These pages represent the work of an amateur researcher and should not be used as the sole source by any other researcher. Few primary sources have been available. Corrections and contributions are encouraged and welcomed. -- Karen (Johnson) Fish
Chief Black Fish
(Abt 1730-Abt 1797)
Captain Henry Rogers
(Abt 1755-Abt 1803)
Chelatha Blackfish
William Jackson Fish
(Abt 1760-1833)
Martha "Polly" Rogers
(Abt 1782-1847/1849)

Charles Fish


Family Links

Charles Fish 1

  • Born: 1815, Shawnee Tribe, (Kansas Territory) (Kansas), (United States)
  • Died: 27 Dec 1866 at age 51

   Another name for Charles was Sa-La-Ne-Weh Fish.

  Research Notes:

From Kansas State Historical Society
Letter 15 May 1839 from Joshua Pilcher, S.I.A., St. Louis to Major R. W. Cummins, Ind. Agent:
"Your nomination of Charles Fish as striker for the Kansa Indians have been approved provided he has vacated the same situation for the Kickapoos."


From "Delaware and Shawnee Migration" at :

"The Fish Tribe with Fish Jr. moved to the Eudora area in the early 1840's. With him came James Captain; William Rogers; Joe Parks; William Parks; a Crane; the Bluejackets (Charles, George, and Henry); and others. Votes cast in the 1855 tribal election, with Mathew Clerk serving as clerk, showed some of this original group stayed. As for the election, it resulted in Henry Bluejacket, Dougherty, Simon Hill, Tooley, and Tucker voted council leaders, and Joseph Parks and Graham Rogers (who owned 1,000 acres in Johnson County by 1858, built a home at 6741 Mackey in Merriam, and was the son of a white man kidnapped by Shawnee and raised by Chief Blackfish), the principal chiefs. Charles BlueJacket served as interpreter as he did for federal treaty agreements....

... [Paschal Fish] and his brother, Charles, pictured on the left, who had helped at the inn, operated a ferry across the Kansas River in the Weaver area. Charles appeared to operate the ferry in all government references and owned the land from which crossings took place. The ferry was on the trail that the U.S. Army blazed from Fort Leavenworth to Willow Springs to join the Santa Fe Trail. The Kansas Legislature also licensed Fish to operate the ferry a mile up and a mile down the Wakarusa.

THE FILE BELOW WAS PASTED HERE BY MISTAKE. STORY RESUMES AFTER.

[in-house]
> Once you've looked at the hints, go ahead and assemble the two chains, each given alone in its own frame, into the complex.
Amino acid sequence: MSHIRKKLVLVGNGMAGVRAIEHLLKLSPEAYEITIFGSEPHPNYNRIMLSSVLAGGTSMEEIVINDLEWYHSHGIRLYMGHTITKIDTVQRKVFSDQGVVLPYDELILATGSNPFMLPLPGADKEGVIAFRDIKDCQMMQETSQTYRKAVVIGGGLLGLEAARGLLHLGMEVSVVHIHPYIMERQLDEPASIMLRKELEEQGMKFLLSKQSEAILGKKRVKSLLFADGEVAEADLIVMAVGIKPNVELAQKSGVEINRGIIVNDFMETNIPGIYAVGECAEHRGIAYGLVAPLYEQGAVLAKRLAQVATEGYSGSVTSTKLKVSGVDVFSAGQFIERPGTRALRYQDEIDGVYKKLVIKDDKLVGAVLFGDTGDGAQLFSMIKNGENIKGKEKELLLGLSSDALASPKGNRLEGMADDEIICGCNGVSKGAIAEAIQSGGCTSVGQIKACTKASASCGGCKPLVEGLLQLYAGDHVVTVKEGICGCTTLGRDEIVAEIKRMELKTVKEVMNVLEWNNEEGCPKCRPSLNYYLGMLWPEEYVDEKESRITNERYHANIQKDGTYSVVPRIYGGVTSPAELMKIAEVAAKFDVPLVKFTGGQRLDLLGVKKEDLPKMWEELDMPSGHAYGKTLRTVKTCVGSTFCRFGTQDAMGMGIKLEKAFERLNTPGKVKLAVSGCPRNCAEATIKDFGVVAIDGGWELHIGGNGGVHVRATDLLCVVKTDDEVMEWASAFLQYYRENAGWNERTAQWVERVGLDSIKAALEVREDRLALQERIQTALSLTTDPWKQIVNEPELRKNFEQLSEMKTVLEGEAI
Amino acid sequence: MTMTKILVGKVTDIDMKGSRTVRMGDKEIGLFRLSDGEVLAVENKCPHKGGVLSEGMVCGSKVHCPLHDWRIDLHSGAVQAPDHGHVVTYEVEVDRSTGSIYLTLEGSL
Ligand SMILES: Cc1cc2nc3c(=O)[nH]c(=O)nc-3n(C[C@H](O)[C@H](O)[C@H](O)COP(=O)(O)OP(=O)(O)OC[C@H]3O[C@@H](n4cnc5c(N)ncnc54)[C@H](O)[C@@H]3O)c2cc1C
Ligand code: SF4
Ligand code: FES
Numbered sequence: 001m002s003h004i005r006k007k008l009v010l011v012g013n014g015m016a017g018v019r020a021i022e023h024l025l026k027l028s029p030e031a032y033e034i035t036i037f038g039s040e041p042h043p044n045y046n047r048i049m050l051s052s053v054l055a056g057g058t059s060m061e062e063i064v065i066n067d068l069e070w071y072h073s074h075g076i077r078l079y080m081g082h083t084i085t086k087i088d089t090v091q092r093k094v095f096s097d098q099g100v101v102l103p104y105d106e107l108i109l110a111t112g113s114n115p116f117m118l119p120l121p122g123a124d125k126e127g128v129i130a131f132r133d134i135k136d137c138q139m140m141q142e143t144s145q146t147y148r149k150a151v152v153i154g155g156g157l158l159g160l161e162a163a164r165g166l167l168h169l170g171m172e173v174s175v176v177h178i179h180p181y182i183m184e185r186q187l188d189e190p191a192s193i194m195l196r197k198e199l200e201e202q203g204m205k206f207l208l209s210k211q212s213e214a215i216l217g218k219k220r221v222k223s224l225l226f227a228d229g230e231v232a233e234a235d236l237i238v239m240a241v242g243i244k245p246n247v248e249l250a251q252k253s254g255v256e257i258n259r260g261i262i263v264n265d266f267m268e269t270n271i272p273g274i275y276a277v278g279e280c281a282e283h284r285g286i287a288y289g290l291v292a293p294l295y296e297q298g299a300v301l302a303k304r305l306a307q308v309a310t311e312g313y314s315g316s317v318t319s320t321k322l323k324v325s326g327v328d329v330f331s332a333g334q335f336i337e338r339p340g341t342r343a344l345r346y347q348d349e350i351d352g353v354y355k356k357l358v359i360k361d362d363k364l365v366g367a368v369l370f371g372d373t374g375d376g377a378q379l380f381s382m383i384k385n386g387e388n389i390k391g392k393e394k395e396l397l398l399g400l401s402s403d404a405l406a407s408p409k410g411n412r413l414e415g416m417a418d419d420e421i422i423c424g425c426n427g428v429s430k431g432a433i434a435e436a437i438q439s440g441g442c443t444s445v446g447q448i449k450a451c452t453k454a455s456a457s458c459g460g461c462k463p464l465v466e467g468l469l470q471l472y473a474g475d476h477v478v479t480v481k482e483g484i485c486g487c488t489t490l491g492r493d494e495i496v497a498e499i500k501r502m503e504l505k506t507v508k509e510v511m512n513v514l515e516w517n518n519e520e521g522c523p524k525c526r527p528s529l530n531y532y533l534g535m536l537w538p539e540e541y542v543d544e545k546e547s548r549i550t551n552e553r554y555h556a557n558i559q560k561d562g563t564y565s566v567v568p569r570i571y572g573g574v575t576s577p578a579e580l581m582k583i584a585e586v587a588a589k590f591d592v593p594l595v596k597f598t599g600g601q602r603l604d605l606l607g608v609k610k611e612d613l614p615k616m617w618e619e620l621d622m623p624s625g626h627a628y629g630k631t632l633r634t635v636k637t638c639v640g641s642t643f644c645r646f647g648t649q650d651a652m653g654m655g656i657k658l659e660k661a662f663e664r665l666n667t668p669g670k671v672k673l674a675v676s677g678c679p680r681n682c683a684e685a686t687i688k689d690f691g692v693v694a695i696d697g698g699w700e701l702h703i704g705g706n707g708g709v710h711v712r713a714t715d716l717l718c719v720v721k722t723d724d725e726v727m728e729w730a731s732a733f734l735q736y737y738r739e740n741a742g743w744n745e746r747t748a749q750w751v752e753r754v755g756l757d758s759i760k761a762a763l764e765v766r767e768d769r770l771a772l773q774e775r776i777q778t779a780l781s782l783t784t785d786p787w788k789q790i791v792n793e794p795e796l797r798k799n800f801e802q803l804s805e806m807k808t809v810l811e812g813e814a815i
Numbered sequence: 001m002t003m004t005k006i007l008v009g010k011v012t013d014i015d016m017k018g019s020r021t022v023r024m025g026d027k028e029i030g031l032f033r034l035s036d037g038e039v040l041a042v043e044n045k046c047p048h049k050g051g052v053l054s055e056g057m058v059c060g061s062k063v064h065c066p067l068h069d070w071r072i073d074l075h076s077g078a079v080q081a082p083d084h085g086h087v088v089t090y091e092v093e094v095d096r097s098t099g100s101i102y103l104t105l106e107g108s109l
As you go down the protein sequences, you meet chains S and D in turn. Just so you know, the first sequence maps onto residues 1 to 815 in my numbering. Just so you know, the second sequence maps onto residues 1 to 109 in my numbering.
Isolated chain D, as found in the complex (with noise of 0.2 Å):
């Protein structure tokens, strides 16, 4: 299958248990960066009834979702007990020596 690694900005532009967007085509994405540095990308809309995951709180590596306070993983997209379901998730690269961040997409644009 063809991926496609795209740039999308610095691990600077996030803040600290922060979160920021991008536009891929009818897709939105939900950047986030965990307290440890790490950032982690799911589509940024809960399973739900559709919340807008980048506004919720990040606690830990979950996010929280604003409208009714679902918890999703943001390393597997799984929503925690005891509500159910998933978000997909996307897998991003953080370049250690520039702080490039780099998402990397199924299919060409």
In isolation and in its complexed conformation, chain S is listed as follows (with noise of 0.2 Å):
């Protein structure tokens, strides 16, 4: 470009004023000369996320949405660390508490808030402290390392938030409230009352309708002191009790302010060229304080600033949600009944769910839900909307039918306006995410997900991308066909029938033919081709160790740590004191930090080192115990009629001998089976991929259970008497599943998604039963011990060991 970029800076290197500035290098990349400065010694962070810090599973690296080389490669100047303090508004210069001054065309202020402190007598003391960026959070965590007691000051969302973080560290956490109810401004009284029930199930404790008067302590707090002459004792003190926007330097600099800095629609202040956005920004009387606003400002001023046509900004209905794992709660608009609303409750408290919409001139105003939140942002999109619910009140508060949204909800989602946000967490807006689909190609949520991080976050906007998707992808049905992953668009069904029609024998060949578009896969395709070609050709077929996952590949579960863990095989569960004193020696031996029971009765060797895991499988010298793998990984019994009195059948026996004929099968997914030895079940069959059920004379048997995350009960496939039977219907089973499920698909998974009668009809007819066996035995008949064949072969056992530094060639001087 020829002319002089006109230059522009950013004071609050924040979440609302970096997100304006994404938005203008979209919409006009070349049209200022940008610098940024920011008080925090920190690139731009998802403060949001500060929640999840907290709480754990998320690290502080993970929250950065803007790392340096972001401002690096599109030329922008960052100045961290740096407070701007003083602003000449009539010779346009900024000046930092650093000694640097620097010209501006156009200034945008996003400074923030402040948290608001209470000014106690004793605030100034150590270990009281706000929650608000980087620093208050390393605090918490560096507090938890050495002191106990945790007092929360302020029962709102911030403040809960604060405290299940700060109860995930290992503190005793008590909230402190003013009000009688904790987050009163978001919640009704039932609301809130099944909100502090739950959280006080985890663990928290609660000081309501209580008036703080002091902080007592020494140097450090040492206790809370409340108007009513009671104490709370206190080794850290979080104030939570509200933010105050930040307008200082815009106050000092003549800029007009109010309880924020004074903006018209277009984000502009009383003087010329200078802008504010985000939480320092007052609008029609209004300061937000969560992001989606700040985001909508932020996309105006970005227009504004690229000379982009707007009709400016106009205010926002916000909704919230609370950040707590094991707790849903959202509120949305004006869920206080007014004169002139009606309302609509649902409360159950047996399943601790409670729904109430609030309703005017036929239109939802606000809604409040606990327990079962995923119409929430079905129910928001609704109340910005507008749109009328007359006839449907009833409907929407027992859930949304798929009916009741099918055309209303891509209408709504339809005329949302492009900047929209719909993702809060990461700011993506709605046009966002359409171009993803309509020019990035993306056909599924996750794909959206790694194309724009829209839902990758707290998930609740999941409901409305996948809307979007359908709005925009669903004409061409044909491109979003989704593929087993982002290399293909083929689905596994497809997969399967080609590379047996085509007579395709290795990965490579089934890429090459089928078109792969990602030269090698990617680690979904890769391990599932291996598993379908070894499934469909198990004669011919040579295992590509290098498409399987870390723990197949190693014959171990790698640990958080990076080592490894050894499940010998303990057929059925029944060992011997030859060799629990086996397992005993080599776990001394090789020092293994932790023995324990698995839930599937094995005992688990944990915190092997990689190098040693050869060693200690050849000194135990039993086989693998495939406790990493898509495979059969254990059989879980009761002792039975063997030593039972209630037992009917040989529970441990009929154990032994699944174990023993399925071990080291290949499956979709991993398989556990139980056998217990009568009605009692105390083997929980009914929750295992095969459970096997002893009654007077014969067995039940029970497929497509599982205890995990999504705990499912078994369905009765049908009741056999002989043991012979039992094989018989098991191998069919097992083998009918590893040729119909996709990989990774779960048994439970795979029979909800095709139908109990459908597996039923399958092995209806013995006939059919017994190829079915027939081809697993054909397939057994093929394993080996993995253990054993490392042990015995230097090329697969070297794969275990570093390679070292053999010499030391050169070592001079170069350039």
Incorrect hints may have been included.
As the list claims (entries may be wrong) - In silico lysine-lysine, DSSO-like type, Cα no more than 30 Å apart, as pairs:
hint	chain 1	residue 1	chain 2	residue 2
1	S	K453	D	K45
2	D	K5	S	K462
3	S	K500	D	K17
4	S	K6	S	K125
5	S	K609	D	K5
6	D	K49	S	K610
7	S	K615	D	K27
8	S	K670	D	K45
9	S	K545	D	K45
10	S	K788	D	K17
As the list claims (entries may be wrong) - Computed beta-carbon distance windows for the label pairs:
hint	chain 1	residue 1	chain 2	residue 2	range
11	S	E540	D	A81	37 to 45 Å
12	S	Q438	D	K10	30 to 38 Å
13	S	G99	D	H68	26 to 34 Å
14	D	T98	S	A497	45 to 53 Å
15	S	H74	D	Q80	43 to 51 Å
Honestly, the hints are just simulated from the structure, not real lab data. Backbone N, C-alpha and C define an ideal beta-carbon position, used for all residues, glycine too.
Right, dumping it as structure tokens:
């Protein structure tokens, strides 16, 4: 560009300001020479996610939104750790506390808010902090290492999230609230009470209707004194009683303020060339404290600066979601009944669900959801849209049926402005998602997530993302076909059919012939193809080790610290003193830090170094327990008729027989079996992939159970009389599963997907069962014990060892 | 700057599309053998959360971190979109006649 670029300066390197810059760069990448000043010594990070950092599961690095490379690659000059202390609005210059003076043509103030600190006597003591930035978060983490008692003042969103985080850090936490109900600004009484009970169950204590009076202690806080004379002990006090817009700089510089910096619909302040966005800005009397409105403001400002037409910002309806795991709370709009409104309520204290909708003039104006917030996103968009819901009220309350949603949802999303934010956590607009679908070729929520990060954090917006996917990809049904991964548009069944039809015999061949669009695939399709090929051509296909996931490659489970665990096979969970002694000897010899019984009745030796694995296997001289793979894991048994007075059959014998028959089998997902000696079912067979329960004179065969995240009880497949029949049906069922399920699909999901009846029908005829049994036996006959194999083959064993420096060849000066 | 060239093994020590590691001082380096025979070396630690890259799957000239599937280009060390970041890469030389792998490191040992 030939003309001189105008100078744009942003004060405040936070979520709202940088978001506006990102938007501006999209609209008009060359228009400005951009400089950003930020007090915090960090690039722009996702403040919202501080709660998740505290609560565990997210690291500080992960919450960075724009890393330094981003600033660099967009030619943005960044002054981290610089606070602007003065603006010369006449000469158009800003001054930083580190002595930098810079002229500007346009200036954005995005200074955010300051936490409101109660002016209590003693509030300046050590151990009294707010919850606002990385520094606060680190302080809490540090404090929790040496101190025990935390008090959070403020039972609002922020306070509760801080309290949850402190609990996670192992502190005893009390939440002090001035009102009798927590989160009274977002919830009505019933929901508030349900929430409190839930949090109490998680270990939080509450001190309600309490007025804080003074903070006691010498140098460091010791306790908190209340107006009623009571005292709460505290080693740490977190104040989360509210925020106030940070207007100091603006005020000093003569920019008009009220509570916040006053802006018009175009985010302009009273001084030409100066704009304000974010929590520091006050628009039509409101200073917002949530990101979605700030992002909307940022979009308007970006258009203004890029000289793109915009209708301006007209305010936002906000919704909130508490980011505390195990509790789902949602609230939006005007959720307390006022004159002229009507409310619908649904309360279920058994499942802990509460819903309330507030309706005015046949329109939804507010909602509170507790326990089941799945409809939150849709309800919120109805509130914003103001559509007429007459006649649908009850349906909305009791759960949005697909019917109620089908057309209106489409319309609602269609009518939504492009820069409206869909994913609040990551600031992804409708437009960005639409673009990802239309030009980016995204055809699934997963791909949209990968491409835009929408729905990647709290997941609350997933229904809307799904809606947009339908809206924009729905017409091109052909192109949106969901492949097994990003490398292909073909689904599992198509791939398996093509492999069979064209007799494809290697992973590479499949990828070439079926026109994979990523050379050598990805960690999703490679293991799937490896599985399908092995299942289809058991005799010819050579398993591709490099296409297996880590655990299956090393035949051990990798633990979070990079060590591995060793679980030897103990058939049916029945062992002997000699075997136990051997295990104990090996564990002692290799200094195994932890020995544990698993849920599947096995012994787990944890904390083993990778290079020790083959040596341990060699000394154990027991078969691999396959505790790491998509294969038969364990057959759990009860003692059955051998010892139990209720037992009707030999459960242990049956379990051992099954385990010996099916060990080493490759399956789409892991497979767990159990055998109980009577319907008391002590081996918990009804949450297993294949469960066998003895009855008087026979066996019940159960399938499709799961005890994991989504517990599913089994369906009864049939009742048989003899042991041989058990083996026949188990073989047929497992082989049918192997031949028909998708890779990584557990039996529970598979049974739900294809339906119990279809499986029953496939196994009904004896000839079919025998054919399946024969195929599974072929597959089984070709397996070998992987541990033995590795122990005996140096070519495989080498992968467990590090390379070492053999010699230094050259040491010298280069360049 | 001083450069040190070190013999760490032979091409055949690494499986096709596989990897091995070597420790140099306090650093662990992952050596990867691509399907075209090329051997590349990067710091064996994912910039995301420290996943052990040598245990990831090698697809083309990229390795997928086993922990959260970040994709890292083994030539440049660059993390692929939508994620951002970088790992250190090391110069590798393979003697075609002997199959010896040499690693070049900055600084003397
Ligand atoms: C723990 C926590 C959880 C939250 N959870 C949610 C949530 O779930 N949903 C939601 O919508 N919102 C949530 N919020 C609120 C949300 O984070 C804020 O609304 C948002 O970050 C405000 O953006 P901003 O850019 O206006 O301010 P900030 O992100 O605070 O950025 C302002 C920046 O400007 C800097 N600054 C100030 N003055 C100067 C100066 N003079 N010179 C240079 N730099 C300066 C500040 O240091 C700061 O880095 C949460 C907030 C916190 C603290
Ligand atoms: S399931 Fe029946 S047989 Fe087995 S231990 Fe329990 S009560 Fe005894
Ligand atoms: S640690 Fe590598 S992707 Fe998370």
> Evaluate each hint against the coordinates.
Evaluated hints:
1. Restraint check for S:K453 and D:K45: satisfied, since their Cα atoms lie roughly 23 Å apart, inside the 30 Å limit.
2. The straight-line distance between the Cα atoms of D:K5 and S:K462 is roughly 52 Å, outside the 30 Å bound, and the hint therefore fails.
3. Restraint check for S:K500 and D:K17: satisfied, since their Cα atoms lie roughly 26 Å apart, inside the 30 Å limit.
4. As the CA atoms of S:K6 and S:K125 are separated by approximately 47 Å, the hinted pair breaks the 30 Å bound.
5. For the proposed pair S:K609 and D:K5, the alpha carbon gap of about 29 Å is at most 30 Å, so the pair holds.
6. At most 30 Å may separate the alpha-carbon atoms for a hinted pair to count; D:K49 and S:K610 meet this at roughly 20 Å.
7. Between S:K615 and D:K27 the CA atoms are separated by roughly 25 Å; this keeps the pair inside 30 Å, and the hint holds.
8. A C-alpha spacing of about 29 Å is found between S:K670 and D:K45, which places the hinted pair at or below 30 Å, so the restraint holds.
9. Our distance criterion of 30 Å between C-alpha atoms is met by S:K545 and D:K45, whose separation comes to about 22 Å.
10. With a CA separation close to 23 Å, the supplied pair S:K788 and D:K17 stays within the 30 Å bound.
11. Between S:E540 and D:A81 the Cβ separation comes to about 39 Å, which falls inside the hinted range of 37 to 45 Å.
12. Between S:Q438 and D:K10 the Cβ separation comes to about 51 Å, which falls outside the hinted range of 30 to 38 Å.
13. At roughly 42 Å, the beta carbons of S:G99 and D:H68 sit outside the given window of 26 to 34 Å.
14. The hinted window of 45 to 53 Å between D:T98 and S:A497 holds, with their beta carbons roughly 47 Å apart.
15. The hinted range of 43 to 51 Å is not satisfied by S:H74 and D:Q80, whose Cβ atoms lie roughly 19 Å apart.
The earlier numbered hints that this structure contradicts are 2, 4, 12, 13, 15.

Colonel Stephen Kearney and 280 First U.S. dragoons left the military trail in 1846 to blaze a new trail to Fort Leavenworth. They crossed the Kansas River near where the Wakarusa joins it on "a ferry operated by Indians." Lieutenant J. W. Albert wrote June 29, 1846:

"In the river we found two large flatboats or scows, manned by Shawnee Indians dressed in bright colored shirts, with shawls around their heads. The current of the river was very rapid, so that it required the greatest exertion on the part of our ferrymen to prevent the boats from being swept far downstream. We landed just at the mouth of the Wakaroosa creek. Here there is no perceptible current; the creek is fourteen feet deep, while the river does not average more than 5 feet; and in some places is quite shallow. . . .the pure cold water of the Wakaroosa looked so inviting that some of us could not refrain from plunging beneath its crystal surface."

According to Fern Long, Eudora local historian specializing in the Kansas Territory, the Fish ferry was in operation before 1845 and until the 1860s. The ferry was used continuously by the army as well as by travelers heading west to join other trails. Troops from Fort Leavenworth usually made it to the ferry in one day and camped on the Wakarusa bank after crossing. Fish got $1 a wagon for the crossing. Some days as many as 90 provision wagons crossed over on the ferry.

John Bowes wrote in From Exiles and Pioneers: Eastern Indians in the Trans-Mississippi West (New York, 2007, pg. 112-113): "A prevalent business in the 1840s entailed charging American travelers for passage across the creeks and rivers that impeded their journey along the various trails that originated in the Missouri border towns. . . .Wyandots, Shawnees , Potawatomis, and Delawares all ran small ferries at the various rivers in eastern Kansas that coursed across both their reserves and the popular emigration trails. . . .Only a few miles east of the Potawatomi reserve, Paschal and Charles Fish, two Anglo-Shawnee brothers, also operated a ferry on the Kansas River. They benefitted not only from emigrant travel but also from the U.S. soldiers that required the Indian flatboats on their way to Mexico in 1846". 2

  Birth Notes:

Need to confirm birthdate. He was listed as 41 years old on either the 1854 or 1856 Indian Census.


1 The Church of Jesus Christ of Latter-day Saints, "FamilySearch Family Tree," database, <i>FamilySearch</i> ( : accessed 27 Apr 2020), person ID G39K-KKY. Cit. Date: 27 Apr 2020.

2 Cindy Higgins, "Where the Wakarusa Meets the Kaw" (, 2010), "Delaware and Shawnee Migration" at :
. Cit. Date: 20 Apr 2020.

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